An entrepreneur can be defined as the factor of production that co-ordinates and organizes other factors of production (Land, labour and capital) in order to produce goods and services. The entrepreneur is the chief co-coordinator, controller and organizer of the production process.

The reward for entrepreneur is PROFIT

FUNCTIONS OF THE ENTREPRENEUR

  1. Risk bearing: he bears the risk associated with the business
  2. Provision of capital: the entrepreneur provides the capital required for running the business
  3. He has the responsibility of taking major policy decisions, and ensures that the decisions are carried out.
  4. The entrepreneur controls and manages the business
  5. Controls other factors: He has absolute controls over other factors of production
  6. Efficient management: The entrepreneur also plays the role of maintaining efficient management in production lines.

Questions:

  1. Explain five characteristics and five importance of entrepreneur.
  2. What is an entrepreneur?
  3. Itemize five functions of an entrepreneur
  4. Define capital
  5. List 5 characteristics of capital.

WEEK 2 DIVISION OF LABOUR

Division of Labour is defined as a system of breaking down production processes into different stages so that each stage is undertaken or handled by an individual or group of an individual. The principle of the division of labour is a major characteristic of present –day economic system.

 

ADVANTAGES OF DIVISION OF LABOUR

  1. Increase in output:The total output of an organization increases when each worker specializes in a task in the production process.
  2. TIME SAVING:Division of Labour helps to save time that would have been wasted in moving from one operation to another or from one machine to another.
  3. DEVELOPMNET OF GREATER SKILL:Division of Labour enables each worker to develop greater skill through repetition of the same process.
  4. LARGER SCALE PRODUCTION:Division of Labour lead to large production of goods or products.
  5. CREATION OF EMPLOYMENT OPPORTUNITY:Division of Labour helps in the employment of people who are experts to handle the various stages of production in a firm.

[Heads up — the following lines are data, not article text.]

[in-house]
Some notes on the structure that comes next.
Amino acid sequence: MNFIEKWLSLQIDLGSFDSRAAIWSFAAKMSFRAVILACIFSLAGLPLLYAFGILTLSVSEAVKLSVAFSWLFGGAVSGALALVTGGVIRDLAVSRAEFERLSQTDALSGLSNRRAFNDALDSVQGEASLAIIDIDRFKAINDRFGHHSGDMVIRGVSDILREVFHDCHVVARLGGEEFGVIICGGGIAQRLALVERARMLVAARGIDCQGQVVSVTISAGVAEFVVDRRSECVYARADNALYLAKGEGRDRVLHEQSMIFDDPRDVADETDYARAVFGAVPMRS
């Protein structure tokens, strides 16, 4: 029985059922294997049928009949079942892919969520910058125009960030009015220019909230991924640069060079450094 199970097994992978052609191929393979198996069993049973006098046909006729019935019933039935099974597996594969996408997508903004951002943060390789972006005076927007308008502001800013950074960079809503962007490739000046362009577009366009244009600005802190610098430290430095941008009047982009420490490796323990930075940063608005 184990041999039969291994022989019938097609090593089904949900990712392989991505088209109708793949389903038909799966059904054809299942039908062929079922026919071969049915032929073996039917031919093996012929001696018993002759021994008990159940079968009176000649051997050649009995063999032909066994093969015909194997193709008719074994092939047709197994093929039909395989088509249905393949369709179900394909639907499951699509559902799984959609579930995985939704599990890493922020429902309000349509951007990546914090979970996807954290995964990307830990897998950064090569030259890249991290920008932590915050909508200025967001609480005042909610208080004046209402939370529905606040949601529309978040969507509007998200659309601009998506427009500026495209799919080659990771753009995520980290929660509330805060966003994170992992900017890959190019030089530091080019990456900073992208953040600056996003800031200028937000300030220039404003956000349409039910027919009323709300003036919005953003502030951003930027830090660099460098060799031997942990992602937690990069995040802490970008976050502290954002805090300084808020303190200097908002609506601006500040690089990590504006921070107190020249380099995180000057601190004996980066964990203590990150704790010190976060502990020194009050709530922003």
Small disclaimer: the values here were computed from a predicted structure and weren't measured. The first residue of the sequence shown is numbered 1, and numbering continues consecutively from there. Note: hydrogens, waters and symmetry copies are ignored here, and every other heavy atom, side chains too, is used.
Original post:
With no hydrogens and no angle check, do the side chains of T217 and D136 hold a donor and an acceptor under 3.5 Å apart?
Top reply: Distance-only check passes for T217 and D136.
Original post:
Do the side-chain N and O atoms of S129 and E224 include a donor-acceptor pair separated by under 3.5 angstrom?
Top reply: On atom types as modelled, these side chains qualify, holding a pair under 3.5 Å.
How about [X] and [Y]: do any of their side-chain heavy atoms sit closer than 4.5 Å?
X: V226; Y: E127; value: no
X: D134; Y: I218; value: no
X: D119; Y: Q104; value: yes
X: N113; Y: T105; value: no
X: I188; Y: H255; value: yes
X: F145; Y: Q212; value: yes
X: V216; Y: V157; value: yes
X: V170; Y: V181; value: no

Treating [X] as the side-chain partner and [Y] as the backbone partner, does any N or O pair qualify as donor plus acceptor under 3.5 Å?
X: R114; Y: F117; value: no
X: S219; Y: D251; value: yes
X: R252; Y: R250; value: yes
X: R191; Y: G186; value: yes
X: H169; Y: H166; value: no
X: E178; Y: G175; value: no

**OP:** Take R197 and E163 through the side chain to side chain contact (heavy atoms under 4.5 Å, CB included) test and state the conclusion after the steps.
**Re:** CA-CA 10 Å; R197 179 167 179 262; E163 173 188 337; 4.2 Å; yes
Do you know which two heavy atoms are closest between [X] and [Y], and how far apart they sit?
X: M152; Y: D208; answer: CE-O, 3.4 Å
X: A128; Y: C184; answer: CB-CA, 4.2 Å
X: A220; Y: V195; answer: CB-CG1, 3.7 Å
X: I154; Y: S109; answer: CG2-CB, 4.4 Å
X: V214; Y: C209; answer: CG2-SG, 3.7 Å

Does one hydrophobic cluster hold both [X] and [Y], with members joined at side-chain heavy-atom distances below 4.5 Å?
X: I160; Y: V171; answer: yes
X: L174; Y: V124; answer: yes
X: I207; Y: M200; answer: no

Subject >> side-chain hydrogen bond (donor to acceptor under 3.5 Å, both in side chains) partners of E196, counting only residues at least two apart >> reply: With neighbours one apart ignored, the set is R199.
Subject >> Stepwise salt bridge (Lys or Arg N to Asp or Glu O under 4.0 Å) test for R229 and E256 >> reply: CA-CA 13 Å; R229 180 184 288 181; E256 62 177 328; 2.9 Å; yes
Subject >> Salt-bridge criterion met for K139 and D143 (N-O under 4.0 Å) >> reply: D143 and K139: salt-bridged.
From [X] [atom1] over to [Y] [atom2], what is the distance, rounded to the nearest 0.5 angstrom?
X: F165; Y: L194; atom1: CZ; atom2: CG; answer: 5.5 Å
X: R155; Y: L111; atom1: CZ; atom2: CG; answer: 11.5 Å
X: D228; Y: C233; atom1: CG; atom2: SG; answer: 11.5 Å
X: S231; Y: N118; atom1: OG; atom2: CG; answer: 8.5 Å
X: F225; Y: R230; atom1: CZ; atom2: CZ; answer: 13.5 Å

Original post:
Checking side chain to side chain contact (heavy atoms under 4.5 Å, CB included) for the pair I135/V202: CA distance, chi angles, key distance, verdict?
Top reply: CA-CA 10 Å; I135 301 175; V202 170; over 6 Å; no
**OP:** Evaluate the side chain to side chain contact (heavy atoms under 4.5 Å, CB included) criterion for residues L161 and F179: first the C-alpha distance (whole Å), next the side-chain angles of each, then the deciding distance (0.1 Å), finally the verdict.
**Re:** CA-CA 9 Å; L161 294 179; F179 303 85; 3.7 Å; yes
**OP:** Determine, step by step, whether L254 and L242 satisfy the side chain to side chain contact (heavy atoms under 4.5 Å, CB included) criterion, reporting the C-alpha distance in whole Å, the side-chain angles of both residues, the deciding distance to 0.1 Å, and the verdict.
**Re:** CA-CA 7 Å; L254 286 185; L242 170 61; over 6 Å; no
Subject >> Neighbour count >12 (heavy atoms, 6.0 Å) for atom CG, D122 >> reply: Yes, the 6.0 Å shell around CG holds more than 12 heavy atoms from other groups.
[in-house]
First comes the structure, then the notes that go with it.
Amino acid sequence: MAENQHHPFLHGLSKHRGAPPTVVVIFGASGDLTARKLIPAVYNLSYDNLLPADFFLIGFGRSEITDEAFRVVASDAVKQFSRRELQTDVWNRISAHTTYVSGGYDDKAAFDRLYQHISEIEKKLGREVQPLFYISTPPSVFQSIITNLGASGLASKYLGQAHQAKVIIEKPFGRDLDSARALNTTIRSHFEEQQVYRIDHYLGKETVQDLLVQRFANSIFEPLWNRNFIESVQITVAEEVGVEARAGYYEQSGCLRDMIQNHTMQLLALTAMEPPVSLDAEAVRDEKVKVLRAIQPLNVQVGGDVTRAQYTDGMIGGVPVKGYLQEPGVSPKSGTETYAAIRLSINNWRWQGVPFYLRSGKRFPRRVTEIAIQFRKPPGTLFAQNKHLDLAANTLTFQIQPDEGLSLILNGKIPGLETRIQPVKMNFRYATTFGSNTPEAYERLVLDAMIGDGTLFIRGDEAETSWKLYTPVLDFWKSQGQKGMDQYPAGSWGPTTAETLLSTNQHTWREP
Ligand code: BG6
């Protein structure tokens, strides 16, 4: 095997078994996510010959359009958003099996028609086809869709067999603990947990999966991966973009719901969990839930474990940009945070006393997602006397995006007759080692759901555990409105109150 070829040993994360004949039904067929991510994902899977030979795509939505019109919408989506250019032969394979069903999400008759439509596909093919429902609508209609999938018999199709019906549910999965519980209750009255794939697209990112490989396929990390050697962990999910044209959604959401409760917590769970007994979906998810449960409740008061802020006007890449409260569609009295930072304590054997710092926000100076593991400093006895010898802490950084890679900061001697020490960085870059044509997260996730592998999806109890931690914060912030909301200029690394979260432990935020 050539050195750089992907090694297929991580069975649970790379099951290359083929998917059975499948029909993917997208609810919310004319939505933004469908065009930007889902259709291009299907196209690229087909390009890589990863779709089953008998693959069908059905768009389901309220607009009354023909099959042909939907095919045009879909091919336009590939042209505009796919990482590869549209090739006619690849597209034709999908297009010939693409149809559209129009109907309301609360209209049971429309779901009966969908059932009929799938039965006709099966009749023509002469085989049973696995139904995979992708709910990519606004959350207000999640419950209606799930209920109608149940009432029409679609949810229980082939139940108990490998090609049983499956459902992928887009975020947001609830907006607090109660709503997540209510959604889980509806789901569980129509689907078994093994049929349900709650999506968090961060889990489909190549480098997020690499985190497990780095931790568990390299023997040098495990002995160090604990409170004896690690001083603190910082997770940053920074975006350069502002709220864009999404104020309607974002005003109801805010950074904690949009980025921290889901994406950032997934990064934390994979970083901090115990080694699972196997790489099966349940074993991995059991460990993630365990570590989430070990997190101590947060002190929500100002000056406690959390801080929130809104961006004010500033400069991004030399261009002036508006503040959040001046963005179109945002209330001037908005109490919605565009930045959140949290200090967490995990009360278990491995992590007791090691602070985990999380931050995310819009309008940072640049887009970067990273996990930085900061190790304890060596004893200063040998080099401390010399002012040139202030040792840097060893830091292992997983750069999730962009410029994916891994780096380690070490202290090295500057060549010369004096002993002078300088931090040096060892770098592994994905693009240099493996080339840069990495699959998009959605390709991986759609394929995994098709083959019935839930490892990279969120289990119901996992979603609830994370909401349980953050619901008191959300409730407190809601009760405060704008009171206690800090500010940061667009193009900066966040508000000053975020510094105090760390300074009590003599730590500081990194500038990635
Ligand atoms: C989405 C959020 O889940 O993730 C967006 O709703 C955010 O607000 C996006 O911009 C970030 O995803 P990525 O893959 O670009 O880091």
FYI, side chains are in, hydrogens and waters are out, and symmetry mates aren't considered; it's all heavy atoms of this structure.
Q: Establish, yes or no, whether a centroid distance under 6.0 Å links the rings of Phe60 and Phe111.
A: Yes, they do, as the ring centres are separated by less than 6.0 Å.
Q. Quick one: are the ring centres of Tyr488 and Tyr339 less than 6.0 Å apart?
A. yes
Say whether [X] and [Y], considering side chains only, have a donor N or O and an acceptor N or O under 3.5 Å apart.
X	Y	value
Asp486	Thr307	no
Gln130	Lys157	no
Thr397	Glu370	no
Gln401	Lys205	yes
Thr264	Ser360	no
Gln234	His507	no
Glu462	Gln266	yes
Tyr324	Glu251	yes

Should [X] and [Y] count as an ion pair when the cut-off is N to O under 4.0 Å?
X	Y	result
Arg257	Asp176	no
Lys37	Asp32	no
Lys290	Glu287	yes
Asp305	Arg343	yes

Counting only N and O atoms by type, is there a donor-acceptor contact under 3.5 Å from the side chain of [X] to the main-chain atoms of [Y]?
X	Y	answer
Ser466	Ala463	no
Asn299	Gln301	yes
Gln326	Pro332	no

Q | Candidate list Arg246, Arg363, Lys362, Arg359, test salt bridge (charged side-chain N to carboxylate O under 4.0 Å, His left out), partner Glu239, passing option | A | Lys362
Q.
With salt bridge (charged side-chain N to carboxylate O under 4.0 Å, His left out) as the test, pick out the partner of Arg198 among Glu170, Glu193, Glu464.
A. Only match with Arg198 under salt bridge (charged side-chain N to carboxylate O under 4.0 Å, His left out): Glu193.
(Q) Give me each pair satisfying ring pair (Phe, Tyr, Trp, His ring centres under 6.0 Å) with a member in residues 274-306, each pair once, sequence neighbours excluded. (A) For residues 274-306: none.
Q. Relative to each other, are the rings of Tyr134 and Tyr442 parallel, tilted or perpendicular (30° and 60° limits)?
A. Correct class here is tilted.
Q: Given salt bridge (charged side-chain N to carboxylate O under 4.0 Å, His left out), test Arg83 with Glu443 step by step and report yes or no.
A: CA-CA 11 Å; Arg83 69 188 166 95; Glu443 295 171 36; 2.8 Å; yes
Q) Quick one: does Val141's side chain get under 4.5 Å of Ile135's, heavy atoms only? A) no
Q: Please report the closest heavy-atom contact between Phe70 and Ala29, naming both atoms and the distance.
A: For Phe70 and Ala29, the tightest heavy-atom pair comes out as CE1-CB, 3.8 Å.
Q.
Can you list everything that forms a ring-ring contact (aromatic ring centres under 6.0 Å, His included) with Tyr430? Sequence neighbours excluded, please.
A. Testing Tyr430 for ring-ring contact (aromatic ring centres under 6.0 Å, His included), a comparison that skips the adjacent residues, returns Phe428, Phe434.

6. LESS FATIGUE:In division of Labour a worker concentrates on only a portion of the production and since he makes use of machine and work together with others, he does not get tired easily.
  7. Division of Labour reduces the cost per unit of output and increases the profit ability of the producer.
  8. It encourages mechanization or the use of machinery, especially specialized machines.

DISADVANTAGES OF DIVISION OF LABOUR

  1. MONOTONY OR REPETION: In division of Labour, a worker performs the same job on daily basis, the job therefore becomes monotonous and boring to him and this may lead to loss of interest in the job being done.
  2. DECLINE IN CRAFTSMANSHIP: As a result of the use of machine in division of labour people no longer make use of their skills in the production of goods, rather, they become machine – minders.
  3. RISK OF UNEMPLOYMENT:If somebody is a specialist on a single job, he faces the danger of unemployment if he loses that job, as he will find it difficult to get another job.
  4. IMMOBILITY OF LABOUR:Continuous and active stay on a particular job makes it difficult for a worker to change to another type of work if the need arises.
  5. PROBLEMS FROM INCREASED INTERDEPENDENCE:Division of labour has meant that workers and industries may have to depend on one another before production can take place. Absence of such a worker or industry may result in the closure of the entire production.